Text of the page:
Collateral Damage: Trade Disruption and the Economic Impact of War

56 Pages Posted: 7 Oct 2005

See all articles by Reuven Glick

Reuven Glick

Federal Reserve Bank of San Francisco - Center for Pacific Basin Monetary & Economic Studies

Alan M. Taylor

University of California, Davis - Department of Economics; National Bureau of Economic Research (NBER); Centre for Economic Policy Research (CEPR)

Multiple version iconThere are 3 versions of this paper

Date Written: September 2005

Abstract

Conventional wisdom in economic history suggests that conflict between countries can be enormously disruptive of economic activity, especially international trade. Yet nothing is known empirically about these effects in large samples. We study the effects of war on bilateral trade for almost all countries with available data extending back to 1870. Using the gravity model, we estimate the contemporaneous and lagged effects of wars on the trade of belligerent nations and neutrals, controlling for other determinants of trade. We find large and persistent impacts of wars on trade, and hence on national and global economic welfare. A rough accounting indicates that such costs might be of the same order of magnitude as the "direct" costs of war, such as lost human capital, as illustrated by case studies of World War I and World War II.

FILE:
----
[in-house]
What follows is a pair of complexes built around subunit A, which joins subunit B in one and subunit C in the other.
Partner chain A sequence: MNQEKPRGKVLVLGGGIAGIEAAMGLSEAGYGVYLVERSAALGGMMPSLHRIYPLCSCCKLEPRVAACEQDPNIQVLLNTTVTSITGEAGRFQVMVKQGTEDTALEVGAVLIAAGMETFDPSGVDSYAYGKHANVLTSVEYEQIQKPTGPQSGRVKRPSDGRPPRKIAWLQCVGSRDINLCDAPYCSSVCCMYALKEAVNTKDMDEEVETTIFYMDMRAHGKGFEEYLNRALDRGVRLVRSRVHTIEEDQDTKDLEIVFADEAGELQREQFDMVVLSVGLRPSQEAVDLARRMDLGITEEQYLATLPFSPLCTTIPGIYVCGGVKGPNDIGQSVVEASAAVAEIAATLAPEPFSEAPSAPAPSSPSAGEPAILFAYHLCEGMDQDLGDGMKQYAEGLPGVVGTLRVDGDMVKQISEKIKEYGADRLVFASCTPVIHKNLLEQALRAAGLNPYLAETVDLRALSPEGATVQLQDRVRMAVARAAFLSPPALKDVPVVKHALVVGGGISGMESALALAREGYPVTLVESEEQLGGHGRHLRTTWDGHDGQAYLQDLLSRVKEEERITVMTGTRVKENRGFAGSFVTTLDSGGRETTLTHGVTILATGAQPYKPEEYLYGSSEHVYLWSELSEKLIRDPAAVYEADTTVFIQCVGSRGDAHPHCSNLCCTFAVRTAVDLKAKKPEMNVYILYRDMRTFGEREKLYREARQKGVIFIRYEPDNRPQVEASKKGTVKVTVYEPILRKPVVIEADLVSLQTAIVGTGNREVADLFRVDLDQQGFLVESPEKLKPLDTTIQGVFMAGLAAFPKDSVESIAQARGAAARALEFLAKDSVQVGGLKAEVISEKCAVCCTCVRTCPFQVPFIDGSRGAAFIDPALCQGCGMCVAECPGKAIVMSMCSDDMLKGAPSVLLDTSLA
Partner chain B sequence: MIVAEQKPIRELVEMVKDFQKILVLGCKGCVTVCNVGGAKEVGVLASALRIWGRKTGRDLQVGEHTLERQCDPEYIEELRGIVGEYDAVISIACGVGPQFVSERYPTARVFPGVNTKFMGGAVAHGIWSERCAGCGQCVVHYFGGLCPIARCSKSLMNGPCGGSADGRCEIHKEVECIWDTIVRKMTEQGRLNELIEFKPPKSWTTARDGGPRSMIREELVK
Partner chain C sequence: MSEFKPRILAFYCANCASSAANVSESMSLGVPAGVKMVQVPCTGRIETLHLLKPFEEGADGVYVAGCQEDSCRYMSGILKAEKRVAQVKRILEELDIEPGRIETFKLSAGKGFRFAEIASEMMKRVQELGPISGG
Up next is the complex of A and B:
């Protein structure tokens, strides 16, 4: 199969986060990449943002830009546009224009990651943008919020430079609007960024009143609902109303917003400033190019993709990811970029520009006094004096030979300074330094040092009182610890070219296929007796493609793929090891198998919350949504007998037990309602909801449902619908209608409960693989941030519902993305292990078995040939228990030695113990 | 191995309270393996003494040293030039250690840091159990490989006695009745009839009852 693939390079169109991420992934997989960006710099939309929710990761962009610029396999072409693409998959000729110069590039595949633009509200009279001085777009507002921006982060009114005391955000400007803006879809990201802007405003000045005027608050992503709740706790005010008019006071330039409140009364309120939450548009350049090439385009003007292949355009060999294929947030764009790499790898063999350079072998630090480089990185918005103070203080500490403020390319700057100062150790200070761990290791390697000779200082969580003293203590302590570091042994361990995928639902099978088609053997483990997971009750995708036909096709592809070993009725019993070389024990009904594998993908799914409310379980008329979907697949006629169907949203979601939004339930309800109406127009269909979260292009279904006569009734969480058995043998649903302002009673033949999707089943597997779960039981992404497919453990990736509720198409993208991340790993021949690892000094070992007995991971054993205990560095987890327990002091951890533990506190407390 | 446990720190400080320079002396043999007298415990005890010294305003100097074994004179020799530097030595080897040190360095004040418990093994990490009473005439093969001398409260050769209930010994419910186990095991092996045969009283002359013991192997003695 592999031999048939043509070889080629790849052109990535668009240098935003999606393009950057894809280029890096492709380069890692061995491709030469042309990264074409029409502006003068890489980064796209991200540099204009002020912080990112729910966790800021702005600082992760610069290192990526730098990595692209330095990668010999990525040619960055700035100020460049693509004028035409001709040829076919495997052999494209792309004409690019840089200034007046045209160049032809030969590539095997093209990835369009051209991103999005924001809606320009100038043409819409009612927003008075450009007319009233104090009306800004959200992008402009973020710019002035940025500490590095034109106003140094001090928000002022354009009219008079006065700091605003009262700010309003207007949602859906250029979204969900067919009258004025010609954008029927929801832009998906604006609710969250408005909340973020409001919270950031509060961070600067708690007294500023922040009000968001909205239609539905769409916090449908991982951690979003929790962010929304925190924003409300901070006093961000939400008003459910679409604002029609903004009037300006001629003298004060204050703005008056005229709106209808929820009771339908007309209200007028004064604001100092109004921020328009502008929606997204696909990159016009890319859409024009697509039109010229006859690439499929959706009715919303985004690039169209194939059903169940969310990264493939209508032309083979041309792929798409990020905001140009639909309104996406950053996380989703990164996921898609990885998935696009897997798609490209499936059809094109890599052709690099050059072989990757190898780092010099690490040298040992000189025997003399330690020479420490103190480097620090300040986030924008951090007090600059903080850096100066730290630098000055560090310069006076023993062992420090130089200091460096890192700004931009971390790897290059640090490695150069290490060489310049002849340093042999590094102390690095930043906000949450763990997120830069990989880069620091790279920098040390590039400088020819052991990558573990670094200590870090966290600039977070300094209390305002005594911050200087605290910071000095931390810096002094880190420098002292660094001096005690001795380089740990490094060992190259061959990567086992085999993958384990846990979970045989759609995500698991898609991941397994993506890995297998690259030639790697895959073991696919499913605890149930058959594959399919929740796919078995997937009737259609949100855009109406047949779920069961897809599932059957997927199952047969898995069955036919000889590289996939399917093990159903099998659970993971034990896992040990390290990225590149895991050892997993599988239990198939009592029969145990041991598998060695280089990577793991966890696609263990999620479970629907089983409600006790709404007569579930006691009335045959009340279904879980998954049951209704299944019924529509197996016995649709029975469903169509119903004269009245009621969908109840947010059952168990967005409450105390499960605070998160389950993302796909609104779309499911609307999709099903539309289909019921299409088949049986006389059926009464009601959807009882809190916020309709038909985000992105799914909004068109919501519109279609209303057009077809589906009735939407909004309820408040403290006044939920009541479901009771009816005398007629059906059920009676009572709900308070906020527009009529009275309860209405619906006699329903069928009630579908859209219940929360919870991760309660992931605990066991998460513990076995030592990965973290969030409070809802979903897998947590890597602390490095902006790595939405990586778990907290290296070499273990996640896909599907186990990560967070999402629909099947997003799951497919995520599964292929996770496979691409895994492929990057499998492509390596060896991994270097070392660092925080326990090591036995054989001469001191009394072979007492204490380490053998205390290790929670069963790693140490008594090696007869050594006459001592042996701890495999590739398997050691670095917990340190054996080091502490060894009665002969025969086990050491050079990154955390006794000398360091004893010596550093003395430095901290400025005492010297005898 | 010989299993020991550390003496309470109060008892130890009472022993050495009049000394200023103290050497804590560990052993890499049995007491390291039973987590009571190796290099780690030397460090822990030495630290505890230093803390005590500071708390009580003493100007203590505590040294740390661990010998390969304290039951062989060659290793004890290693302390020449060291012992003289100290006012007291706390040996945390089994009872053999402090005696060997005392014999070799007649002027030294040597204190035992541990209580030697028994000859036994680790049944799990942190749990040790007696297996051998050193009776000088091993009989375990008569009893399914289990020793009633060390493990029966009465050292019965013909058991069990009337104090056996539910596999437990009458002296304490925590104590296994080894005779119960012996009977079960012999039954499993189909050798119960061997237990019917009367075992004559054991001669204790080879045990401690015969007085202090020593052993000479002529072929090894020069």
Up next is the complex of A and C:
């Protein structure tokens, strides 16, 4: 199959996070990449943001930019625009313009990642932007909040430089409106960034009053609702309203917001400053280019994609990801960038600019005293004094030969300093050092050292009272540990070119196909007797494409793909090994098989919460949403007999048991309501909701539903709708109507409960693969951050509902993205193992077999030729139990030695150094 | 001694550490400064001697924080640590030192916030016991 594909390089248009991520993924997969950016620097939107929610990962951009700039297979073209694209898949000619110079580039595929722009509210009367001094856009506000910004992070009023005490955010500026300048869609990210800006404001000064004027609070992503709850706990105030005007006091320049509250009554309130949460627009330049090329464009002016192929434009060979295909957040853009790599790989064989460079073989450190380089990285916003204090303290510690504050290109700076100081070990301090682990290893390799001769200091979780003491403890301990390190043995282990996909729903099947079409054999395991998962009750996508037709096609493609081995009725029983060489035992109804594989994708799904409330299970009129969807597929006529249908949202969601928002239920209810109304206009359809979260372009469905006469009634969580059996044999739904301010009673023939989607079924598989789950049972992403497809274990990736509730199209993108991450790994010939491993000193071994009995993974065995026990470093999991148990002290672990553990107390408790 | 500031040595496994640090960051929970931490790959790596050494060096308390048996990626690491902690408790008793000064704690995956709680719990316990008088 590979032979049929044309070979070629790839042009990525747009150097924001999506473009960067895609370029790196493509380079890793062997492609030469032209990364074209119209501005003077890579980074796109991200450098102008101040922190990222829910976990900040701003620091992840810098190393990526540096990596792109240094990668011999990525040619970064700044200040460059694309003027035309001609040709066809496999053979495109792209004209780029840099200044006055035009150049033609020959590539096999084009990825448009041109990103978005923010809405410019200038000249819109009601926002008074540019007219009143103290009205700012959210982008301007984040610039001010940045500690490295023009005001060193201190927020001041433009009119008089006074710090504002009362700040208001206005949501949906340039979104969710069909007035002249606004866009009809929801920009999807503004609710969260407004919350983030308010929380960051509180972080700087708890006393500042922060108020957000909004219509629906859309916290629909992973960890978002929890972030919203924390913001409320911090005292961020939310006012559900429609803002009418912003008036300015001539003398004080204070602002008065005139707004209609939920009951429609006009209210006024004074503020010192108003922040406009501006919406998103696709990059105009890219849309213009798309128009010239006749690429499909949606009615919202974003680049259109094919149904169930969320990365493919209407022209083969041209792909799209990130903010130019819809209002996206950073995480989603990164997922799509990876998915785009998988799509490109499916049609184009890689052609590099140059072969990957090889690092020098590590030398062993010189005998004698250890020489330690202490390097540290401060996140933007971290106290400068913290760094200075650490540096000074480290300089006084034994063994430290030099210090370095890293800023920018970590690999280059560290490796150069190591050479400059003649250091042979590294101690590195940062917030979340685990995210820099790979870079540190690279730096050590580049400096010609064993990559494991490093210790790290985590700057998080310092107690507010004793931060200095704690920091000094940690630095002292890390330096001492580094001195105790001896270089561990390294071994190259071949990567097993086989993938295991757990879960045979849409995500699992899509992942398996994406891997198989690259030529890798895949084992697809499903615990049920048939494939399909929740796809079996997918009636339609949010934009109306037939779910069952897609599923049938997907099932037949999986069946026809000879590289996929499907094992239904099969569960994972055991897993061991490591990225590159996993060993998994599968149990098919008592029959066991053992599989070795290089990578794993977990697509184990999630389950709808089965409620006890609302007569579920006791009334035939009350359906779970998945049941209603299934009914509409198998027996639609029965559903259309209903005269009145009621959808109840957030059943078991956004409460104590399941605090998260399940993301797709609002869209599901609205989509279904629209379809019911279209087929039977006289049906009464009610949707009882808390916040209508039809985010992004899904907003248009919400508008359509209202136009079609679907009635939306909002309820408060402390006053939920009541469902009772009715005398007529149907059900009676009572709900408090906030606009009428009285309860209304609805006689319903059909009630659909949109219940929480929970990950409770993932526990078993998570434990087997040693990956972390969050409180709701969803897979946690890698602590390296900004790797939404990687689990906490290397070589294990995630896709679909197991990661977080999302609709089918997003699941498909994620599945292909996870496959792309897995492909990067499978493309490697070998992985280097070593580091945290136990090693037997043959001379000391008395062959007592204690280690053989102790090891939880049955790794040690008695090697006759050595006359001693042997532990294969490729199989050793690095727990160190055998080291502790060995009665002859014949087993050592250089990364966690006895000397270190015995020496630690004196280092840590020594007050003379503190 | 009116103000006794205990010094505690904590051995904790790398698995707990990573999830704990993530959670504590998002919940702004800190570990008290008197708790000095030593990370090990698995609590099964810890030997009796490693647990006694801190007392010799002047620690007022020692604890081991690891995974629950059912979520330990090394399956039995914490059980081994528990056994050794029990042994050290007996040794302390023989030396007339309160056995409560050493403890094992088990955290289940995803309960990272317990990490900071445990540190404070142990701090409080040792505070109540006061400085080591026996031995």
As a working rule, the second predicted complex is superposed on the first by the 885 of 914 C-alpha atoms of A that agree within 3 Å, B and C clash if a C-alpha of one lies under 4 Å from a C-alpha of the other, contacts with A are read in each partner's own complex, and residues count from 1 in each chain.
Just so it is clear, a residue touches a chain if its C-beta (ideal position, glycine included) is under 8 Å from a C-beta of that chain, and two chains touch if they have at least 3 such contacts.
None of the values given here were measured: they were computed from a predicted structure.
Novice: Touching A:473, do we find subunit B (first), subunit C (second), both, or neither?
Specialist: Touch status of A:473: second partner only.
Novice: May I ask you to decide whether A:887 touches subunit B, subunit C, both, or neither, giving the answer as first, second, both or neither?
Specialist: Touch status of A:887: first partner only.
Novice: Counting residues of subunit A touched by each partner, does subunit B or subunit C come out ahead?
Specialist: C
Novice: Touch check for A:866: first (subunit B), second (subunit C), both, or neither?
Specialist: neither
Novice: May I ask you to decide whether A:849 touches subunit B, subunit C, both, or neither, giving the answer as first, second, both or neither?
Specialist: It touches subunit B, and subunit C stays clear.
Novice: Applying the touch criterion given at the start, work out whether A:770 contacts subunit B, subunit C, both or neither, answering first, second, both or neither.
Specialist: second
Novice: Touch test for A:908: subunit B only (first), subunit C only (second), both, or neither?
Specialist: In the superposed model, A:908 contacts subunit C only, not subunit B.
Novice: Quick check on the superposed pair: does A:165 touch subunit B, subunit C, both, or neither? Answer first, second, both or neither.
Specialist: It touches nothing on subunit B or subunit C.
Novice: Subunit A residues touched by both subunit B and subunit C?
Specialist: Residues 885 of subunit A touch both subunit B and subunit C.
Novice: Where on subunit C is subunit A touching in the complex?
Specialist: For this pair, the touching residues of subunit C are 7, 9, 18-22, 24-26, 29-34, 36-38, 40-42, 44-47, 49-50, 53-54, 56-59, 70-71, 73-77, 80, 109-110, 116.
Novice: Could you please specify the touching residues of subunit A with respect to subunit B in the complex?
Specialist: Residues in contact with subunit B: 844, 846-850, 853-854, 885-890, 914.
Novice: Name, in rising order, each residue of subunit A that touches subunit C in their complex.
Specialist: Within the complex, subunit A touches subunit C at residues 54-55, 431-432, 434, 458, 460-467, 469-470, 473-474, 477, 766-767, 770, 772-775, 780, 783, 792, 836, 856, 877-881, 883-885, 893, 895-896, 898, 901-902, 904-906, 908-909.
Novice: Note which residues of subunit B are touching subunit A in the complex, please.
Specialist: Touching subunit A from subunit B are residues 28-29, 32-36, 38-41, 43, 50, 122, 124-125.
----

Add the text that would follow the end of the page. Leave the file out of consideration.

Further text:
Keywords: Peace, conflict, gravity model, World War I, World War II

JEL Classification: D74, F02, F10, F14, H56, N40, N70

Suggested Citation

Glick, Reuven and Taylor, Alan M., Collateral Damage: Trade Disruption and the Economic Impact of War (September 2005). CEPR Discussion Paper No. 5209. Available at SSRN: https://ssrn.com/abstract=822767

Reuven Glick

Federal Reserve Bank of San Francisco - Center for Pacific Basin Monetary & Economic Studies ( email )

101 Market Street
San Francisco, CA 94105
United States
415-974-3184 (Phone)
415-974-2168 (Fax)

Alan M. Taylor (Contact Author)

University of California, Davis - Department of Economics ( email )

One Shields Drive
Davis, CA 95616-8578
United States
530-752-1572 (Phone)
530-752-9382 (Fax)

HOME PAGE: http://www.econ.ucdavis.edu/faculty/amtaylor/

National Bureau of Economic Research (NBER)

1050 Massachusetts Avenue
Cambridge, MA 02138
United States

HOME PAGE: http://nber.org

Centre for Economic Policy Research (CEPR)

London
United Kingdom

HOME PAGE: http://cepr.org

Register to save articles to
your library

Register

Paper statistics

Downloads
18
Abstract Views
1,185
PlumX Metrics